Underworld U.S.A. (1961): My own introduction to Fuller, Crime U.S.A. is a noir that’s so gritty you feel like you need to wash your hands afterwards. Cliff Robertson plays a street thug who takes on the mafia in order to avenge his father’s death. Typical Fuller types- the older hard-ridden matron, the damaged dame whose combination of curves serves a higher purpose and whose heart is pure, and the hoodlum who stalks the streets like a caged animal- are all here. The film is particularly wary about human motivations: aside from avenging his father’s death, there’s very little to like about our hero. It’s hard to find a purer noir.
Shock Corridor (1963): Criterion has issued a great DVD of the complete cut of Shock Corridor, which is worth checking out. It’s an indescribably eccentric movie about a reporter posing as insane in order to solve a murder in an asylum. Naturally, he begins to lose his grip on sanity and the visuals become increasingly strange, including color hallucinations in the black and white film. Never one to play it safe, Fuller’s “mad” patients all seem to have been pushed over the edge by the madness of American society: a nuclear physicist who’s reverted to childhood, an integrated black student who believes himself to be a white racist, a southern white who turned red in Korea to escape his bigoted parents. Fuller himself barely keeps the film on the rails- a scene with “nymphomaniacs” raping the hero is particularly mind-boggling.
The Naked Kiss (1964): The sort of melodrama once called a “weepy”, The Naked Kiss is the story of a prostitute who tries to live in the genteel suburbs and the decent people who make it nearly impossible for her. It’s not a dull movie, but the film only cooks when Fuller is showing the lives of hookers, strippers and sexual deviants, and slows down whenever he wants to show what a goodhearted person she is. The saccharine musical number with orphaned children is enough to make one register for sterilization.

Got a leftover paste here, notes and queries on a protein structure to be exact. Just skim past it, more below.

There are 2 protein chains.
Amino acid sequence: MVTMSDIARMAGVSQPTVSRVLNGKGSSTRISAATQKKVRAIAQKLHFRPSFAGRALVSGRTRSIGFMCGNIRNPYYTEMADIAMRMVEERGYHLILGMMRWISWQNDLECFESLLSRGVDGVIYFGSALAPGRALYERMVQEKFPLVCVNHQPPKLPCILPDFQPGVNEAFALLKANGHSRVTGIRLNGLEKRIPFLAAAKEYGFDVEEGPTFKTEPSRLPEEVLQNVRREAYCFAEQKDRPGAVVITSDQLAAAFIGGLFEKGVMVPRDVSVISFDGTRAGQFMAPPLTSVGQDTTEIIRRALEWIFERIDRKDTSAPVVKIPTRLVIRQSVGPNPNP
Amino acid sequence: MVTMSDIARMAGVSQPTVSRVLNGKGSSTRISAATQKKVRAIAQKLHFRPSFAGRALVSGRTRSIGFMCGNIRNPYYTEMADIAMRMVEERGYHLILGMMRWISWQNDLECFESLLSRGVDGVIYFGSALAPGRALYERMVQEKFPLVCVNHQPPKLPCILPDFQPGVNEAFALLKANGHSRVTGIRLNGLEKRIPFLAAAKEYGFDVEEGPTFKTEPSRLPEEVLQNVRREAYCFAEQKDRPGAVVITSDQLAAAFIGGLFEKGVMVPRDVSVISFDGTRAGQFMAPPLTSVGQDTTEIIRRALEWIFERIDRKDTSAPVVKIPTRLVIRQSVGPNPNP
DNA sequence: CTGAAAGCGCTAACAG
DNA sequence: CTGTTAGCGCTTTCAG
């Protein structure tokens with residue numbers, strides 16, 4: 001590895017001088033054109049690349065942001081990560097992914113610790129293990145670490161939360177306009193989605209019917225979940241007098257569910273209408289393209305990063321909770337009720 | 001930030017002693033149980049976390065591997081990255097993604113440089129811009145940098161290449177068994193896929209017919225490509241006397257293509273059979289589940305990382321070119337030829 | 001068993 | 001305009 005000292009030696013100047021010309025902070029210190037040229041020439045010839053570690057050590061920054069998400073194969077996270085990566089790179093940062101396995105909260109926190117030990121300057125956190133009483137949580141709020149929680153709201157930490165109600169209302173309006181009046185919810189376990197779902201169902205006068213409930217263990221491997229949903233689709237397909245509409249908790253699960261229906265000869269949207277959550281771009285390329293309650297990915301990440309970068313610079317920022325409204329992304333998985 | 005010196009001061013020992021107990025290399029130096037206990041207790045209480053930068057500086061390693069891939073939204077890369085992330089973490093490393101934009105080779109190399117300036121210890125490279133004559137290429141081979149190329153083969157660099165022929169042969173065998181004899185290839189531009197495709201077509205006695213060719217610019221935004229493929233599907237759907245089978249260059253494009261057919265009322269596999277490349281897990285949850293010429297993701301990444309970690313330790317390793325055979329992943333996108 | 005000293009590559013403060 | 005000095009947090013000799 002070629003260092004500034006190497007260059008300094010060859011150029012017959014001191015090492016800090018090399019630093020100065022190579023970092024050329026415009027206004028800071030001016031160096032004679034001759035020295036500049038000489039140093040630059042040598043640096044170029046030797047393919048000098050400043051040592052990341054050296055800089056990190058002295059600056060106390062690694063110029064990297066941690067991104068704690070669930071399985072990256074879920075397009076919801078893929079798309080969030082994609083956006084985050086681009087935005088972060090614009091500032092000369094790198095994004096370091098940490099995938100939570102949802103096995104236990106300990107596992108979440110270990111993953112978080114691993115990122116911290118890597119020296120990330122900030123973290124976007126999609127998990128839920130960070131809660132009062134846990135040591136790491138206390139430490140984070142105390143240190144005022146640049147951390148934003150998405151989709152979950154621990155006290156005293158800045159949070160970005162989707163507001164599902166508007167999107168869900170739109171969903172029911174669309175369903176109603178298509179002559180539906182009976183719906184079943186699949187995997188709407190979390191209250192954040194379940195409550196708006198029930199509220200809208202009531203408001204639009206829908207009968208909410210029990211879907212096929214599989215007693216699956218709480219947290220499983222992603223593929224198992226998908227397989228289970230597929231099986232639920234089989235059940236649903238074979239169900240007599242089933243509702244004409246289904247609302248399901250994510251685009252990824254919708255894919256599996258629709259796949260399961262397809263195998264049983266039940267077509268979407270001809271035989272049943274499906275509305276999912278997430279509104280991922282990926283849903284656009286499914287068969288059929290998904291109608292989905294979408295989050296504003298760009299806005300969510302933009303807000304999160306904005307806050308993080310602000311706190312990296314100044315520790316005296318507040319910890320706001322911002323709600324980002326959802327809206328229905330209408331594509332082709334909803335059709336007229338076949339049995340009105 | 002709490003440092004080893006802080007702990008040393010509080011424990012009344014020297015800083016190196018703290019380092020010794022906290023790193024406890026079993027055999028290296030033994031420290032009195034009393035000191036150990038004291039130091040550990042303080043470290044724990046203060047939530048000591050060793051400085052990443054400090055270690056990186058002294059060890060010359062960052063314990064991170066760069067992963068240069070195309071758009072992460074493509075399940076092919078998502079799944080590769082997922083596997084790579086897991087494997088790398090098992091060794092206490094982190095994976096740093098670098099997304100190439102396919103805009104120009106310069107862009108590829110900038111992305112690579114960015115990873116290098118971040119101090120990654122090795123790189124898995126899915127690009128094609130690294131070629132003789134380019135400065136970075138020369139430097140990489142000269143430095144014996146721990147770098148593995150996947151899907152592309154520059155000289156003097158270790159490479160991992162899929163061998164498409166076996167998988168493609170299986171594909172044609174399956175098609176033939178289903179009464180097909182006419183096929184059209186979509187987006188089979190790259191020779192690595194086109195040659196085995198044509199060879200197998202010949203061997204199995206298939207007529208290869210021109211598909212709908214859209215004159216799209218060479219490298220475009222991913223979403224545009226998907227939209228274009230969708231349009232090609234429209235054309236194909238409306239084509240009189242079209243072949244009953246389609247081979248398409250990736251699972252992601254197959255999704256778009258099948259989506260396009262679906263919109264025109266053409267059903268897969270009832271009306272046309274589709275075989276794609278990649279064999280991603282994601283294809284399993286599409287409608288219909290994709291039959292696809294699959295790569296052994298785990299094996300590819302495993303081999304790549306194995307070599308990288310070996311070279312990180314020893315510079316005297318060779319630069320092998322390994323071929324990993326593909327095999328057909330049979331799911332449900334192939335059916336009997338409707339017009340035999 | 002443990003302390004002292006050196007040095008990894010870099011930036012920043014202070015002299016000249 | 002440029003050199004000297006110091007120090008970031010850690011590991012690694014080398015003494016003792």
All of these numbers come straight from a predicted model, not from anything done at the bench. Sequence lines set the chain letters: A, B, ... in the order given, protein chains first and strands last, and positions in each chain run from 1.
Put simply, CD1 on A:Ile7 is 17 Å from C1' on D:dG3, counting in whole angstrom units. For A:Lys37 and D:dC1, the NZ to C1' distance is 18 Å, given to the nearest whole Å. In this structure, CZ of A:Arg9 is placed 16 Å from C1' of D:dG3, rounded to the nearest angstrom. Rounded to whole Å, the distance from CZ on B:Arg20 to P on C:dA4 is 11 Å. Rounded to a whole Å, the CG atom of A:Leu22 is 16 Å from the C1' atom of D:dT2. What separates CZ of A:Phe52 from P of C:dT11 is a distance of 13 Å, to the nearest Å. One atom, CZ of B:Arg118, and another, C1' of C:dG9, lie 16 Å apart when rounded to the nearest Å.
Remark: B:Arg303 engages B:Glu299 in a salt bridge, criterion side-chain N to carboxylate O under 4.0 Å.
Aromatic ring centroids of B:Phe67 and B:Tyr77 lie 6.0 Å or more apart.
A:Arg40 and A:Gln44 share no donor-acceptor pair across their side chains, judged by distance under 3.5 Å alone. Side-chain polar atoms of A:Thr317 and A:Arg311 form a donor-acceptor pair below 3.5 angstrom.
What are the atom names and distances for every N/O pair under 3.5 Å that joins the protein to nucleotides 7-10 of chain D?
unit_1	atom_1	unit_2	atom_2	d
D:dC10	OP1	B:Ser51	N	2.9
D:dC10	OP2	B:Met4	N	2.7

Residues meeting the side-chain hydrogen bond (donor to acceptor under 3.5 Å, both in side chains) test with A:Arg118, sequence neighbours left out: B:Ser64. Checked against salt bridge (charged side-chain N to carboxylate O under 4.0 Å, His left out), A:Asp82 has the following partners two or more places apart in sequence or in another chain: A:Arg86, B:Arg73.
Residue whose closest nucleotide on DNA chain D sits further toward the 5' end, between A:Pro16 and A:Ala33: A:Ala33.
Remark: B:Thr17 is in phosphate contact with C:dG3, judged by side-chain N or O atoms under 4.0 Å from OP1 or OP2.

The Big Red One (1980): The story of Fuller’s experiences fighting in the First Infantry Division during World War II, some consider The Big Red One to be the greatest war movie ever made. I wouldn’t go so far, but it is the culmination of all his work on the subject, and probably his masterpiece. Again we have a platoon fighting in impossible circumstances, from North Africa across Europe. Again we have strange touches, like the liberated asylum whose inmates seem saner than our heroes. And again Fuller suggests that soldiers have little to rely on but each other, while showing unit cohesion as the exemplar of human loyalty. Finally, a concluding scene in which the heroes liberate a concentration camp and the hero character massacres a German soldier hiding in a crematorium oven is totally horrifying, while making the point that, yes, this war was worth fighting.
White Dog (1982): Paramount, notoriously, shelved this film and wouldn’t let it be shown, for fear of offending the black community, breaking Fuller’s heart and driving him out of the country. A particularly stupid move, given the film’s savage attack on racism, White Dog is the disturbing story of a young actress who rescues a beautiful German shepherd, only to discover that he has been trained to attack blacks. It’s a thriller/melodrama, which becomes a bit much to take in spots, but White Dog sticks in your mind due to Fuller’s underlying hopelessness about living with or ‘curing’ racists, even if they are beloved family members.
(Note: Obviously, I’m a Fuller fan. I’m not trying to suggest his films are canonical here. I’m just tubthumping for a director I like. Also, this list is not exhaustive. If there’s a great Fuller movie I’ve missed, please suggest it in the comments!)